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Why Did the Giants Leave
2002-11-14 16:25
by Mike Carminati

Why Did the Giants Leave Johnson Out?

First let me apologize for the above headline. I have no facility for self-censor.

One thing that occurred to me after the Felipe Alou signing by the Giants was since they were looking for a veteran manager to run a playoff-caliber team, why didn't they consider the best currently unemployed manager that there is, Davey Johnson? According to Jayson Stark they did and found him lacking, turning to the ex-Expo manager.

I thought it would be fun to compare the two, so let's go. First, Alou will turn 68 on May 12; Johnson will turn 60 on January 30. Those eight years could be a big difference in the energy level of the two men. I have written that there is not a great case to be made for hiring a manager approaching 70. But let's leave aside their ages for now. Rather, let's evaluate the past performance.

Johnson has managed for parts of 14 season and has a 1148-888 record (a .564 winning percent). Alou has managed for parts of 10 seasons and owns a 691-717 (a .491 winning percentage). Johnson has won about 450 games more and lost only 171 more. His winning percentage is about 70 points higher and is over .500 while Alou's is not.

Johnson also won with four different organizations. He's won 100 games twice, 90 games six times, and has been over .500 in all but one full season (he had two partial seasons under .500 as well). His teams have finished lower than second only once in all of his full seasons (the Dodgers finished third in his first year there in 1999. He has managed at least two full seasons for four different clubs and has a winning record with each of those clubs. He has managed in both the National and the American Leagues. He won the 1997 AL Manager of the Year award.

Alou only managed Montreal. He won 90 games once and was over .500 in three of his eight full seasons (plus one partial out of two over .500). His team finished first for the only time in the strike-shortened season of 1994. In his eight full seasons, the Expos finished lower than second 5 times. He won the 1994 NL Manager of the Year award.

Johnson has won a World Series. He has a 23-23 playoff record. He has taken three different teams (1 AL and 2 NL). Alou's teams have never been to the postseason.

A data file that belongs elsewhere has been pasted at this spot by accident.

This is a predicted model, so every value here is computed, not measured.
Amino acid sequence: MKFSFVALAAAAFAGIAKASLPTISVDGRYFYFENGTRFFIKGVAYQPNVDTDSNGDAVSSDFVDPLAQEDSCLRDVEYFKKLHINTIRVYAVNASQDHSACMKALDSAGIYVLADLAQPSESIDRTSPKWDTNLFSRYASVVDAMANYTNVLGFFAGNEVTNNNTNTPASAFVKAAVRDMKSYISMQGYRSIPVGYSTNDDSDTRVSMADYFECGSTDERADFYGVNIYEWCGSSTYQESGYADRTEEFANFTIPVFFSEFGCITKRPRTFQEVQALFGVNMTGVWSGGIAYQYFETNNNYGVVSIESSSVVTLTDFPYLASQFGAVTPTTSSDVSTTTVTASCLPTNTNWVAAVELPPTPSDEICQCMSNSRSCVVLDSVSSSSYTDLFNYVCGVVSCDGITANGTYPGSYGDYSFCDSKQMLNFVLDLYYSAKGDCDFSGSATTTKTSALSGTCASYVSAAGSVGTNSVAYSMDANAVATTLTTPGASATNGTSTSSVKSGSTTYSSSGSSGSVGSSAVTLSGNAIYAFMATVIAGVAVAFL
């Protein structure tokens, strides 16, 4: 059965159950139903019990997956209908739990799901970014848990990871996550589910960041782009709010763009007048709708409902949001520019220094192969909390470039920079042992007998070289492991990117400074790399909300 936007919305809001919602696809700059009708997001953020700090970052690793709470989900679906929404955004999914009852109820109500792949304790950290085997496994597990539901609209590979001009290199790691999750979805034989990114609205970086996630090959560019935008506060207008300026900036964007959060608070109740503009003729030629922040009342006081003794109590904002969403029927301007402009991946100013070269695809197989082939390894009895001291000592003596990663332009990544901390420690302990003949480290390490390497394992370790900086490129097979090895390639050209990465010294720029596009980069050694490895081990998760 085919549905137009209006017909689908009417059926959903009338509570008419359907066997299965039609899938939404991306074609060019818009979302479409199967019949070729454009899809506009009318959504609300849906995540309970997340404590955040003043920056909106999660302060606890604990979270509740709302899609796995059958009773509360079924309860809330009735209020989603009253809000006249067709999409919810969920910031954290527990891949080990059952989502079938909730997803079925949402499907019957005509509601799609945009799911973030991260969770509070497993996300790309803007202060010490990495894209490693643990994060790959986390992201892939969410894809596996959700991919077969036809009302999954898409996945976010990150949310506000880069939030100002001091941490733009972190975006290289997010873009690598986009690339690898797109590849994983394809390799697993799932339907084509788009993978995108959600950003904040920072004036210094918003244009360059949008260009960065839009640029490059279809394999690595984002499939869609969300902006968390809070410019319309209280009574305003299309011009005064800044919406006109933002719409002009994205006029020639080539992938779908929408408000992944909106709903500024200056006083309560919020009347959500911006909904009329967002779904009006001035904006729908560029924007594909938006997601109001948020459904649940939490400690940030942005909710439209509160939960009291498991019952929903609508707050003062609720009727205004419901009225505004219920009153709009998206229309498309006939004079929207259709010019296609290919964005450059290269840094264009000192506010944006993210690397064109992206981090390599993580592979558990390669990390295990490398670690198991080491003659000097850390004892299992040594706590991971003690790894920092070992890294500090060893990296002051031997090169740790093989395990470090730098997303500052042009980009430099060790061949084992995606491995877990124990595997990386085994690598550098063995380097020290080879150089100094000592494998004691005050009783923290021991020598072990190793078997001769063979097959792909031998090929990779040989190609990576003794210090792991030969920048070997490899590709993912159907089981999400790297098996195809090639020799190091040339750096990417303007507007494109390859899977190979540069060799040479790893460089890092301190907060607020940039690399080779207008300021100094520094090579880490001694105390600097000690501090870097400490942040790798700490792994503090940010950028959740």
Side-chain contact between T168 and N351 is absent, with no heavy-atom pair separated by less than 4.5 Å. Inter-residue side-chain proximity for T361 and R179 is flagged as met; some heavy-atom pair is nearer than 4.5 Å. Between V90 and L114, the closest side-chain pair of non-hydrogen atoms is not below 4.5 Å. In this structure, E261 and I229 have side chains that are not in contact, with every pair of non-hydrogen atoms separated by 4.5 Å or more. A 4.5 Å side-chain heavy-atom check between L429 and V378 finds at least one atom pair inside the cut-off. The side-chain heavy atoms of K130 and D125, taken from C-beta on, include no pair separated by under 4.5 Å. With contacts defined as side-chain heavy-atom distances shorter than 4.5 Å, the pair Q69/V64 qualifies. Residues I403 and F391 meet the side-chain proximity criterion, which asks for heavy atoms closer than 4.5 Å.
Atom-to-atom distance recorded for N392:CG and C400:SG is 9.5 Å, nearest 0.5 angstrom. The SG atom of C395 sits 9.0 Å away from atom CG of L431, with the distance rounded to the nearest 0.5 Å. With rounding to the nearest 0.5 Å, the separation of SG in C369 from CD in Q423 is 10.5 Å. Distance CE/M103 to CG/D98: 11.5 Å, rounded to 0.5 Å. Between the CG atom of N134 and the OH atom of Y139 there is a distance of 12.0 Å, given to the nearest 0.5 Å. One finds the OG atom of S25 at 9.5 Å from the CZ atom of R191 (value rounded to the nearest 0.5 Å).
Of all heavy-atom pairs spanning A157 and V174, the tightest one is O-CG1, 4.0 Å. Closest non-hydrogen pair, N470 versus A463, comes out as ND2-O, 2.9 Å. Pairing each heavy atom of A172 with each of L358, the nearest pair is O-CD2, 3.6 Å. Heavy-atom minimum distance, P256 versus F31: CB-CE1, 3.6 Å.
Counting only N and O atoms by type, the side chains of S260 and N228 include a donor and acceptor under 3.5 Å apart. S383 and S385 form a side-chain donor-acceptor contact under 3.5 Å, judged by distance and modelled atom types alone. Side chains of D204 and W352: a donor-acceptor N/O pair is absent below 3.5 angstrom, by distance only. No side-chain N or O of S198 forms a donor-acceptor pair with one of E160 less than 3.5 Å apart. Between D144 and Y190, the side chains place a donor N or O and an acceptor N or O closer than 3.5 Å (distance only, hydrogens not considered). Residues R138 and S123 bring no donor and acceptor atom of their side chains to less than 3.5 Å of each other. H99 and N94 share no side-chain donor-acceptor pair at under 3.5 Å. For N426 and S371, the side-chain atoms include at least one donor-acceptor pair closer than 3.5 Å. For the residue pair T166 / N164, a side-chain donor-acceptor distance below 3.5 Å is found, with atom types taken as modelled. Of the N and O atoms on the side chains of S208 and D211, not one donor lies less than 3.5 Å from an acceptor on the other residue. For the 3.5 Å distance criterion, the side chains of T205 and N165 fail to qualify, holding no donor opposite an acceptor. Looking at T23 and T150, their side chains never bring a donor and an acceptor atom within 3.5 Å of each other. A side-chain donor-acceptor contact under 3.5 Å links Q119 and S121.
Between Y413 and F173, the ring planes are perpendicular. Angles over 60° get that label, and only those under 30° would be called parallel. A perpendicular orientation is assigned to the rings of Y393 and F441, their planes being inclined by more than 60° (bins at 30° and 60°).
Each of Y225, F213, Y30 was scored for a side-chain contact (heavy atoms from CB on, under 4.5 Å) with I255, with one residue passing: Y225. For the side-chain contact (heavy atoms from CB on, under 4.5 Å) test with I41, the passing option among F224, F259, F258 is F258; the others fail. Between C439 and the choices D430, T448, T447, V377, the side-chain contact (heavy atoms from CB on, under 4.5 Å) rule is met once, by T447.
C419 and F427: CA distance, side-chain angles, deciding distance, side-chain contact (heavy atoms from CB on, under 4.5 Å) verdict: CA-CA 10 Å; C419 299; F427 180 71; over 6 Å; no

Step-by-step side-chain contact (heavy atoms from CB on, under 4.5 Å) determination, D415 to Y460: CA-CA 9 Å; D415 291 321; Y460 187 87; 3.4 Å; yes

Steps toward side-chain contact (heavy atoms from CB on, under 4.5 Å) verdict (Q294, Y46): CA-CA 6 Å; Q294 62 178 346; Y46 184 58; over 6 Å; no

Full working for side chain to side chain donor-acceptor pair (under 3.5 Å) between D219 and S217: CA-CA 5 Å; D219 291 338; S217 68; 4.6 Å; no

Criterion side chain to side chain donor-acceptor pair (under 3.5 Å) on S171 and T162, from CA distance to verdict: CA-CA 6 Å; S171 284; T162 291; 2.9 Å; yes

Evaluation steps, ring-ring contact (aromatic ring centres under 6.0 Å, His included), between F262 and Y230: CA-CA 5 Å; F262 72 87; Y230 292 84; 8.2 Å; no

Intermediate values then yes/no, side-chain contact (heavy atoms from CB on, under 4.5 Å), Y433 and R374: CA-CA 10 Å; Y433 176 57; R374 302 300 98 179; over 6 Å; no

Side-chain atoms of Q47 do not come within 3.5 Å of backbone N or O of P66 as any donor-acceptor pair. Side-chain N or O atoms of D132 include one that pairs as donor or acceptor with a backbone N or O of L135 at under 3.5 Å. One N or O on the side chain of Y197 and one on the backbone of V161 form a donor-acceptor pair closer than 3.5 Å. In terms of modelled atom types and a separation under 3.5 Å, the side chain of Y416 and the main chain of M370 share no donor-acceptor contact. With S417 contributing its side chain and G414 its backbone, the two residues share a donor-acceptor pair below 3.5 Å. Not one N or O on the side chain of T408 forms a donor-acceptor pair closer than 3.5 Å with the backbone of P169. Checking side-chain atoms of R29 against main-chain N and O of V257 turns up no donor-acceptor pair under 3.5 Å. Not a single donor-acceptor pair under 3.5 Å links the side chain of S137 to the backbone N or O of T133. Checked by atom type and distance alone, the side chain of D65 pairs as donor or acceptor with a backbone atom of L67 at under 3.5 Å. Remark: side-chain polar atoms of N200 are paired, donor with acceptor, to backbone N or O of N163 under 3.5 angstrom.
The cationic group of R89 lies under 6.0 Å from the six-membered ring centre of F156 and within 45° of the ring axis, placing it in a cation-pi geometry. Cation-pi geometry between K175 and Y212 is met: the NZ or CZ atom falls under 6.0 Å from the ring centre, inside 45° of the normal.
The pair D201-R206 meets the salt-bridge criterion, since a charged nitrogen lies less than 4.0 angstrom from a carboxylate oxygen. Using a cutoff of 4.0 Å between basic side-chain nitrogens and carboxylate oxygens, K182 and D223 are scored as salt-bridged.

"But Alou managed Montreal and they stripped his team out from under him. You can't hold their failings against him," you say. Well, The Expos were under .500 when he took over in 1992 and they had just had a 71-90 record the year before, but the had been at or above .500 the four years before.

"Well, the decimation happened on his watch. That's why his record suffered." There is some validity there, but the team improved about 40 percentage points after Jeff Torborg, no Weaver he, took over in 2001. They were vastly improved this year under Frank Robinson.

Johnson took over a Mets team in 1984 that finished 68-94 the previous year and hadn't been over .500 in eight seasons. The were under .500 when he was replaced by Bud Harrelson in 1990, but quickly returned to the level they had been at before Johnson left in 1991. The Mets were laughingstocks and the punchline to many a David Letterman monologue within another year.

Johnson took over a Cincinnati club that was under .500 with Tony Perez in 1993, and they performed at the same level for Johnson for the rest of the year. They had won 90 games in 1992 in Lou Piniealla's last year. Johnson then won two titles in his two full years with the Reds. The Reds fell to .500 after Johnson left and then were under .500 for the next two seasons.

Johnson took over a Baltimore club that was two games under .500 in 1995. They had been over .500 the previous seasons however, but had not been to the playoffs since 1983. The Orioles reached the playoffs in each of Johnson's two seasons there. After Johnson acrimonious departure the Orioles have not been over .500 for an entire season.
Then Johnson took over an LA team that had been over .500 three straight seasons including one playoff appearance. They feel to eight games under .500 his first season. His second they improved to 10 games over .500, but Johnson was gone. Jim Tracy has done a fine job since, duplicating Johnson's 2000 in his first season and keeping the Dodgers competitive this year.

Clearly, Johnson has a record of improving three of the four clubs he has managed and when he has left those clubs have declined (except the Dodgers). Alou initially improved the Expos but does bear some blame for their fallow years since his departure has apparently allowed the club to improve. I know it's all not that simple, but it's not really anything in his favor.

So who is the better candidate? I am not familiar with the situation. Maybe Davey Johnson came in and gave the impression of someone who cannot work within the Giants organization and Alou seemed much more in tune with their system. Maybe the Giants will have a great run with Alou. I just have to say that looking at their past performance indicates that Johnson would be a better gamble.

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